To Sebastian Horsley’s funeral at St James’s in Piccadilly. I first met Seb in the early 1990s, he was living in Mayfair in order – or so he maintained – to be near to the prostitutes. He had the dead-white face of a Weimar cabaret compère, and the lisp of a studied aesthete. When we went out to the cash point together to get money for the dealer, Seb revealed that he had a loaded revolver back at the flat. I was furious – I’ve never liked guns, and guns and crack cocaine (as history seems to bear out), are seldom a good combo.
I can’t say I ever exactly warmed to his publically cultivated image: yet underneath the dandiacal shtick – which was time- as well as shop-worn – there lurked a sensitive, kind, tormented man. On top of addiction (itself a form of obsessive-compulsive disorder), Seb was riddled with the gamut of repetitive counting, hand-washing and magical thinking. He took smack because he was an addict, for sure, but I think he also used it to silence this psychic Babel.
He climbed on and off the wagon many of the rest of us managed to ride – but in this there was no disgrace. Less easy to take was the attitudinising – at least when you understand, as I believe I do to my marrow, that once someone has crossed the line, far from being a lifestyle choice (albeit of an arid and unprofitable kind) intoxication is nought save a pathology. I saw Seb as trapped inside a performance that he was powerless to give up – one that did for him in the end.
We joined the cortege at the top of Lower Regent Street and followed the horse-drawn hearse past Bates, the hatters. There was a representative sample of the existentialist inhabitants of the inner city: suited and booted sub-Goths twirling skull-topped canes, demi-whores in corsets with BDD (Breast Dismorphic Disorder). Stephen Fry offered me a large, soft, cool, moist hand and greetings, and then observed that we were unlikely to see the likes of such a funeral again in Soho. Unkindly, I suggested that he might prefer us to be dropping like gaudy flies, if spectacle was the object.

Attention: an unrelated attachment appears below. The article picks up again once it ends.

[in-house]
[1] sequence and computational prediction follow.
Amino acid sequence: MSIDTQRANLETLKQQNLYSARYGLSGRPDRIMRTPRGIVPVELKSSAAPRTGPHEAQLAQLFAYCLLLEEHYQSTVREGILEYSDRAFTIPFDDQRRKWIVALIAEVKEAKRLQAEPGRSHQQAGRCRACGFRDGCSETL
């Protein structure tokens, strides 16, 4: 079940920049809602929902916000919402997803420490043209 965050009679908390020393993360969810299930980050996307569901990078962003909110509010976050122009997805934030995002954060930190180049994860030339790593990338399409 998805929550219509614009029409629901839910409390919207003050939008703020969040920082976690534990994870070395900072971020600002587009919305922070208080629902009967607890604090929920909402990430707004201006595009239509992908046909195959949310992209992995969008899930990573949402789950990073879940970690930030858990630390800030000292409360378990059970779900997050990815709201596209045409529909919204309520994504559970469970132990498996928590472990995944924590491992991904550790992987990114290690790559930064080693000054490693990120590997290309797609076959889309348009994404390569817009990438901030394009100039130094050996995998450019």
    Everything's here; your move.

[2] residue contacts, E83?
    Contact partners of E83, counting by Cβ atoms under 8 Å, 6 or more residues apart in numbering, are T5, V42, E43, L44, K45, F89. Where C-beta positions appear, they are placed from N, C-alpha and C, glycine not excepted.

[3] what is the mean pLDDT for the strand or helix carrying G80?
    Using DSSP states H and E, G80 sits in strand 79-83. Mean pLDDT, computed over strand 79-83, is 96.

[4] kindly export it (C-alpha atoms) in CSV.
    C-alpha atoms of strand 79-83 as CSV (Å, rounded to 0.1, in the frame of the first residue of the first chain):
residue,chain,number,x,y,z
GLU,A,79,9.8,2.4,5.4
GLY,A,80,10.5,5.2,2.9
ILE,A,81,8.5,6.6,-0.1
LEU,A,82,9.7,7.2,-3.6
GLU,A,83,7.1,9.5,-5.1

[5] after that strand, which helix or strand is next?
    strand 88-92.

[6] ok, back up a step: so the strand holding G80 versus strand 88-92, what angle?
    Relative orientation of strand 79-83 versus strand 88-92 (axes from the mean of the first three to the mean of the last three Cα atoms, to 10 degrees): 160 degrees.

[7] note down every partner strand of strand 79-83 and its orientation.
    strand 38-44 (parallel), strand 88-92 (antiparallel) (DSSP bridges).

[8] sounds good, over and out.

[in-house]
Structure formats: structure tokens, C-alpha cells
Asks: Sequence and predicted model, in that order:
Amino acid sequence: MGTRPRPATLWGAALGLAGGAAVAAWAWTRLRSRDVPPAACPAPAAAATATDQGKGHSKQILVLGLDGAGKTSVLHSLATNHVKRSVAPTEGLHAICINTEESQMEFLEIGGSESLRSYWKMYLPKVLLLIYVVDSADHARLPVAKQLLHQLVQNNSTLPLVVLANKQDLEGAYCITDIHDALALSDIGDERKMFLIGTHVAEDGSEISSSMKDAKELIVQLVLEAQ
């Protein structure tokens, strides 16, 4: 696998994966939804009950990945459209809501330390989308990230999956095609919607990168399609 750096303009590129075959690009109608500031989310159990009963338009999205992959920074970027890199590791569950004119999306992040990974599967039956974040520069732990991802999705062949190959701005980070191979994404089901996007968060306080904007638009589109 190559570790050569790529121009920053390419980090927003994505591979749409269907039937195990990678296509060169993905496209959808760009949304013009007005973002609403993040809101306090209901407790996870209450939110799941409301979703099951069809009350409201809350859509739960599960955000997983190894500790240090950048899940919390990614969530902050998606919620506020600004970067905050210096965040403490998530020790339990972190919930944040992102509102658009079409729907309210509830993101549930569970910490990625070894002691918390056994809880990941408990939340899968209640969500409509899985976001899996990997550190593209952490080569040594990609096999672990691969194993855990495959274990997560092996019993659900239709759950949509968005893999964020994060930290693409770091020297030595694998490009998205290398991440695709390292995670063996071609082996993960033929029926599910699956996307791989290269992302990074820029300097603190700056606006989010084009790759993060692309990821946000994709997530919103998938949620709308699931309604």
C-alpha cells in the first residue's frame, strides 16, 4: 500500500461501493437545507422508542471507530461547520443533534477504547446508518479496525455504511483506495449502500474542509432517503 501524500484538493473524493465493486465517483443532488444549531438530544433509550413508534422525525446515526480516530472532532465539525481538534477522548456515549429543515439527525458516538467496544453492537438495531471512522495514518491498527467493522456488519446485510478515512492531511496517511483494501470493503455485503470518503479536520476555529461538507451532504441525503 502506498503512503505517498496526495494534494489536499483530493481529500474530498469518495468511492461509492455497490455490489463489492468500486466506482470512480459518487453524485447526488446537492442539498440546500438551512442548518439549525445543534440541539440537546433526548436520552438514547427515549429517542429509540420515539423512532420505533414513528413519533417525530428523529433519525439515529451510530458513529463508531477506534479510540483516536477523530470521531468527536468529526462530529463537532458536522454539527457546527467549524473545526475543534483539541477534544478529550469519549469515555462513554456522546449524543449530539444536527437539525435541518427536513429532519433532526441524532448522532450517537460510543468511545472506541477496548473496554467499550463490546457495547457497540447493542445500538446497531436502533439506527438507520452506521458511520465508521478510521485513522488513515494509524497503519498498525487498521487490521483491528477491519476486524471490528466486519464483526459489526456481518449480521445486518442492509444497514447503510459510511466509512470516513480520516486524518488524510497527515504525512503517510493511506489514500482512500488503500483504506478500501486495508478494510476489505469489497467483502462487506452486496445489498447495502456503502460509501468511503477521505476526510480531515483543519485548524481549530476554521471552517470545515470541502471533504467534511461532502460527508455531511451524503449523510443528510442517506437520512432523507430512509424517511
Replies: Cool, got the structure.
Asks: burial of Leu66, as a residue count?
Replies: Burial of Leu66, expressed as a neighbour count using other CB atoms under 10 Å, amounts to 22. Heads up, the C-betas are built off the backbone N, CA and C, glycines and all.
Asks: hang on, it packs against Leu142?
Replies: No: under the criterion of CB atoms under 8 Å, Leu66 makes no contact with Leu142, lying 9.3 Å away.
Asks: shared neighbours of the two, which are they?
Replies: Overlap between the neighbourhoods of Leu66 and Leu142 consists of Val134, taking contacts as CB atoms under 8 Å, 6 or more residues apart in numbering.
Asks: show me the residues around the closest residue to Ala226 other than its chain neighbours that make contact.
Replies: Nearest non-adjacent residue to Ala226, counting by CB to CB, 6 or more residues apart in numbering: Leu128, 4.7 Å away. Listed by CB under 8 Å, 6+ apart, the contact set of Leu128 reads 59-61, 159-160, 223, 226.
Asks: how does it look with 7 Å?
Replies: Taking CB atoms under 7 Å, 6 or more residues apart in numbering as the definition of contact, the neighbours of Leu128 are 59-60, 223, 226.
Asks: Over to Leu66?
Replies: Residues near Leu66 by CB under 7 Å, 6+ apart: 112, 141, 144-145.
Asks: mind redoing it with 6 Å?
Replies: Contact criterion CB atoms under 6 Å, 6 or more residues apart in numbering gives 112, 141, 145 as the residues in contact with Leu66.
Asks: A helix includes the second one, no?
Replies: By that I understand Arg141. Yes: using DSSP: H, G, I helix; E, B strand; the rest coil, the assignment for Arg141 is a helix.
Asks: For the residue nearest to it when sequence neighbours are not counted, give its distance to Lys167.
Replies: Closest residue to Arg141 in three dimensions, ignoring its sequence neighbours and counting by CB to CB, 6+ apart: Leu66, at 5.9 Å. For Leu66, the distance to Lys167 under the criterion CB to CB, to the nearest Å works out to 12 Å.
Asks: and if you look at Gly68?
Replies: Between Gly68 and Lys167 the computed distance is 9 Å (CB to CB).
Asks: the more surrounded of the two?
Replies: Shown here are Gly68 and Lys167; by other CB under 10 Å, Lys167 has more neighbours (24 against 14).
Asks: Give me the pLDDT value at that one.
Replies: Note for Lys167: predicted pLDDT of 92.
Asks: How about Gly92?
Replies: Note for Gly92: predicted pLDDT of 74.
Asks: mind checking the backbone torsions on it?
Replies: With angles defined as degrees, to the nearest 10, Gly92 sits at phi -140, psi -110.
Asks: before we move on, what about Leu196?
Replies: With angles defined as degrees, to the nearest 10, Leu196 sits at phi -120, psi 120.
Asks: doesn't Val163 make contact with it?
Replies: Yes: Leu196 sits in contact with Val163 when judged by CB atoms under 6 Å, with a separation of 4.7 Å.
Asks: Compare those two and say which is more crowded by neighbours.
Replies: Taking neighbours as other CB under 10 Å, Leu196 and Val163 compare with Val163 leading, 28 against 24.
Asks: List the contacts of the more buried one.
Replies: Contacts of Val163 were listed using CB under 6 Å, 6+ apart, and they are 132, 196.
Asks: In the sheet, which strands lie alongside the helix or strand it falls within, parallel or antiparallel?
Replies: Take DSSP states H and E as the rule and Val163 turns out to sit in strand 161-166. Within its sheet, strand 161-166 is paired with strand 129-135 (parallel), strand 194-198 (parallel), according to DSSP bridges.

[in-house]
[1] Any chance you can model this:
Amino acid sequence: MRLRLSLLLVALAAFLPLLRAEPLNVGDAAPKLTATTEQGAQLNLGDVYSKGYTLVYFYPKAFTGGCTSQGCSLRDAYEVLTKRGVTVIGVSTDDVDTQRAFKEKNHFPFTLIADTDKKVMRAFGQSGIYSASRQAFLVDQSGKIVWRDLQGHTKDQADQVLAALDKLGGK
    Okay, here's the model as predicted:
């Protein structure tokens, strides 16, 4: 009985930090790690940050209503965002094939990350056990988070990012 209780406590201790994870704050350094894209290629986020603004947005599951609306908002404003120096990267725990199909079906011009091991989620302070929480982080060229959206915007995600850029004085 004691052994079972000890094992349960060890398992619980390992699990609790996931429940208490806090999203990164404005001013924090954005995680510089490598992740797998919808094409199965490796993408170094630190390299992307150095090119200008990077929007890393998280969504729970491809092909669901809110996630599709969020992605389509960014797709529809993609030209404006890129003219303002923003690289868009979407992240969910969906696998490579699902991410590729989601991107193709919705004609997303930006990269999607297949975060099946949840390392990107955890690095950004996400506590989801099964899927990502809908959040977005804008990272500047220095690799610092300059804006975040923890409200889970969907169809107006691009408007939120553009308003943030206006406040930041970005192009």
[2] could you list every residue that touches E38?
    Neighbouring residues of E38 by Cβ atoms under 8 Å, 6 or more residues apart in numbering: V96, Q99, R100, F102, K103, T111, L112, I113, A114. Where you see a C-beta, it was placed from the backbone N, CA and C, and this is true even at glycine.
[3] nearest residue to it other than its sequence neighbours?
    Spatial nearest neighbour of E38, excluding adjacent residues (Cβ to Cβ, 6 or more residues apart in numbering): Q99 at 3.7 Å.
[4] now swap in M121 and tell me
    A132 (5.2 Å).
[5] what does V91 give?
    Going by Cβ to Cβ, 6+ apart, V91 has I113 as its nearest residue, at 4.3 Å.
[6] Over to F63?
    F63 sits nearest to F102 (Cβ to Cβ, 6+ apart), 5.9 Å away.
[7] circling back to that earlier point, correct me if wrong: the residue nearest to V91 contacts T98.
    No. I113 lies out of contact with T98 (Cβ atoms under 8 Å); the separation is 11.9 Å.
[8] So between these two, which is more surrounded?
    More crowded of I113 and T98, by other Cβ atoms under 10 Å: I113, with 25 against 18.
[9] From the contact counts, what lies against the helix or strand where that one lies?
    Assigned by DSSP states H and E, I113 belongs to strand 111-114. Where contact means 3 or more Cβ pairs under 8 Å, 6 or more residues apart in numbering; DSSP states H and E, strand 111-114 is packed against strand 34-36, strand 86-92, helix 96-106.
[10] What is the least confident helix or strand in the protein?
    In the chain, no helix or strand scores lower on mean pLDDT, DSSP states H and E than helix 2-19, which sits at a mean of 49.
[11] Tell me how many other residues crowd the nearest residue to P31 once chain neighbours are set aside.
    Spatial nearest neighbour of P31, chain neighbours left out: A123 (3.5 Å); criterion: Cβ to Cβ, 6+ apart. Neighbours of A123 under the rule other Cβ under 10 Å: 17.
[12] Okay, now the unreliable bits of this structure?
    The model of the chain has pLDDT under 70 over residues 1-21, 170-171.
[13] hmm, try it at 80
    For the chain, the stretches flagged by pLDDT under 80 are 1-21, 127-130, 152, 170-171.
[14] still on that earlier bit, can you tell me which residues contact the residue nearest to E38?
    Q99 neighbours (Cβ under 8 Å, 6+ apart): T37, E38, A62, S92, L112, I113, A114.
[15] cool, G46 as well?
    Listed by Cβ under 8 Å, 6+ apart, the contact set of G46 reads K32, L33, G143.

In fact, Stephen’s address to the mourners was measured, calm, only a little wry, and quite moving. He didn’t play to the gallery who look upon the likes of Sebastian Horsley as some kind of freak show. Seb was predeceased by a few weeks by Michael Wojas, ex-proprietor of the Colony Room, the private members club where he often hung out. I knew Michael back in the day, and used him – quite unashamedly – as the model for the barman, Hilary Edmonds, in my story Foie Humain from Liver.
As I said in the story, the real tragedy of these Soho denizens was not that they belonged to some kind of avant garde, but that the cultural revolution they spearheaded was carried forward without them: as outside in Old Compton Street everyone got gayer and happier, inside the Colony Room everyone got sadder and older. Wojas died of chronic alcoholism at 53, Horsley of a heroin overdose at 47. There’s no way you can paint up either death as anything but miserable and futile.